The 2 Bcf/d Mountain Valley Pipeline out of Appalachia is targeting a summer 2022 startup, although a new lawsuit by environmental groups threatens to delay the project further. The future of the 400 Dth (400 MMcf)/d Spire STL pipeline in Missouri remains uncertain as well after the U.S. Supreme Court declined to intervene on behalf of the project. 

“These are, in many cases, long-term projects that ensure our long-term energy security, and the effects of them really get felt when demand rises and we need energy to continue to live our daily lives – and we haven’t kept up with the needed capital expenditures,” said Macchiarola.

Liquefied natural gas (LNG) projects have faced difficulty as well. Pembina Pipeline Corp. in December abandoned plans to build the Jordan Cove LNG export plant and associated pipeline on the Oregon coast, citing ongoing regulatory setbacks. 

The likeliest Pacific Coast outlet for U.S. LNG exports now appears to be Mexico, where Sempra aims to bring the first phase of its Energía Costa Azul liquefaction project online in 2024.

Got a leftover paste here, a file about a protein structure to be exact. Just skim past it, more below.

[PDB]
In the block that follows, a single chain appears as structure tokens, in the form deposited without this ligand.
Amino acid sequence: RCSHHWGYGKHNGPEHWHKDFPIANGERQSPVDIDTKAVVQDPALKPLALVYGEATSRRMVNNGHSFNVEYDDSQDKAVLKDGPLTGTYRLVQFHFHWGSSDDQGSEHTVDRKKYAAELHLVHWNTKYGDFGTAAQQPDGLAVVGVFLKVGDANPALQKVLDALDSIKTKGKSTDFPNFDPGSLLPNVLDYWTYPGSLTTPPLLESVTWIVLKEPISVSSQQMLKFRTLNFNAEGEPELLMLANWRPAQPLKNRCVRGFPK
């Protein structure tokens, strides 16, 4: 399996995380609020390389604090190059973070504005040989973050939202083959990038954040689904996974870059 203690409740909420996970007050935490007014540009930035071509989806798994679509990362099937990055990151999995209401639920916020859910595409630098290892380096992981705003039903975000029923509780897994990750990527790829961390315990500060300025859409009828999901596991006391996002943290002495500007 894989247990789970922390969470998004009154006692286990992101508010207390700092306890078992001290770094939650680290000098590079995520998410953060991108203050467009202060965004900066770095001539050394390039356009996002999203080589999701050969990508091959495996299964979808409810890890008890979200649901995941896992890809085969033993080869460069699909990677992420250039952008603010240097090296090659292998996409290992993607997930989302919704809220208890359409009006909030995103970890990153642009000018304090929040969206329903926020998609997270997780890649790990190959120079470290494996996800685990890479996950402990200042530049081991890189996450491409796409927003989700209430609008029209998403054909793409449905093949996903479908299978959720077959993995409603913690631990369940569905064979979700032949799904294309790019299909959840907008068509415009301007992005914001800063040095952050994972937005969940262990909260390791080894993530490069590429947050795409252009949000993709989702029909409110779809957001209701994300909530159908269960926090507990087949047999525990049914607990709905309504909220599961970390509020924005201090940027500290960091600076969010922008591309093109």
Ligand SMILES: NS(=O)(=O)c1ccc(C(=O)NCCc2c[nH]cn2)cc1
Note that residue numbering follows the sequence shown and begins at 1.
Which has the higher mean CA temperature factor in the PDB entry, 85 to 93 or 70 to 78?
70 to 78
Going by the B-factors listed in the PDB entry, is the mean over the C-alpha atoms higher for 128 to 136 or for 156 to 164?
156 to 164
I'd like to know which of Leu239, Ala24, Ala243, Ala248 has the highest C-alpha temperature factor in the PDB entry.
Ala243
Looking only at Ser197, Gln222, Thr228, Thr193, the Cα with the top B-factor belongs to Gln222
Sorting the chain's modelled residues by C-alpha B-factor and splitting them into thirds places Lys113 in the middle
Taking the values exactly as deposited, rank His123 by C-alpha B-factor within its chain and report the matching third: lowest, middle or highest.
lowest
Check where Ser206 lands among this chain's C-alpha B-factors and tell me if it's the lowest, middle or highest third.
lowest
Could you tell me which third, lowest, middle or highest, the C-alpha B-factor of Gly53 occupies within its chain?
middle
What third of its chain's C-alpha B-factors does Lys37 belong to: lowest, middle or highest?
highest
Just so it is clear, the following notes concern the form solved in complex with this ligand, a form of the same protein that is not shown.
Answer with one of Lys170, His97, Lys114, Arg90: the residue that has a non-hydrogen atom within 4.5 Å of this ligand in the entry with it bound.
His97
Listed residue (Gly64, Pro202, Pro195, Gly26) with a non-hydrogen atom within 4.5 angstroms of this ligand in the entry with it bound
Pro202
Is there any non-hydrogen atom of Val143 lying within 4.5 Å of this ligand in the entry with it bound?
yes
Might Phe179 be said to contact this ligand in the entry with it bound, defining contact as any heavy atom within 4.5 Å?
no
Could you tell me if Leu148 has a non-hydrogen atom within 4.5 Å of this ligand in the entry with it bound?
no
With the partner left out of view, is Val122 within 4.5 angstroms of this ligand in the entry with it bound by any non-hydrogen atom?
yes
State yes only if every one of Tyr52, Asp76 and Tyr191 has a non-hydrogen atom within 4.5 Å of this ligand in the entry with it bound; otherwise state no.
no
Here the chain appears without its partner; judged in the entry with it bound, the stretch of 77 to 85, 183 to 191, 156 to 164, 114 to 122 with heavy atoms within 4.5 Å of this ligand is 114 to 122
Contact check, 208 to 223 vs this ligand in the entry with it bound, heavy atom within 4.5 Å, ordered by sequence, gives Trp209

Still Healthy Fundamentals

Despite the mounting regulatory headaches for natural gas, TC Energy Corp., whose pipelines deliver about 27% of natural gas consumed in the United States, expects U.S. demand by 2030 for gas growing by 22% from 2020, driven by exports and augmented by pipeline flows to Mexico. 

TC’s Stanley Chapman III, president of U.S. and Mexico natural gas pipelines, said in December that, “contrary to what you may hear about our business, both the near and longer-term fundamentals are relatively healthy. In the short-term, as the pandemic winds down, worldwide economic growth has created strong demand for goods, services and energy at a pace that has exceeded that of supply.”

U.S. LNG exports are expected to average 11.5 Bcf/d in 2022, up from 9.8 Bcf/d in 2021, according to the U.S. Energy Information Administration’s (EIA) latest Short-Term Energy Outlook.

The completion of Train 6 at Cheniere Energy Inc.’s Sabine Pass LNG export terminal, the optimization of operations at the Sabine Pass, and Cheniere’s Corpus Christi LNG terminals, “and the completion of a new LNG export facility — Calcasieu Pass LNG — are all expected in 2022; these expansions will increase total U.S. LNG export capacity in 2022 to become the world’s largest,” EIA researchers said.

The outlook for gas consumed domestically is a somewhat different story, as EIA expects U.S. gas consumption to dip to 82.77 Bcf/d in 2022 from 82.96 Bcf/d in 2021.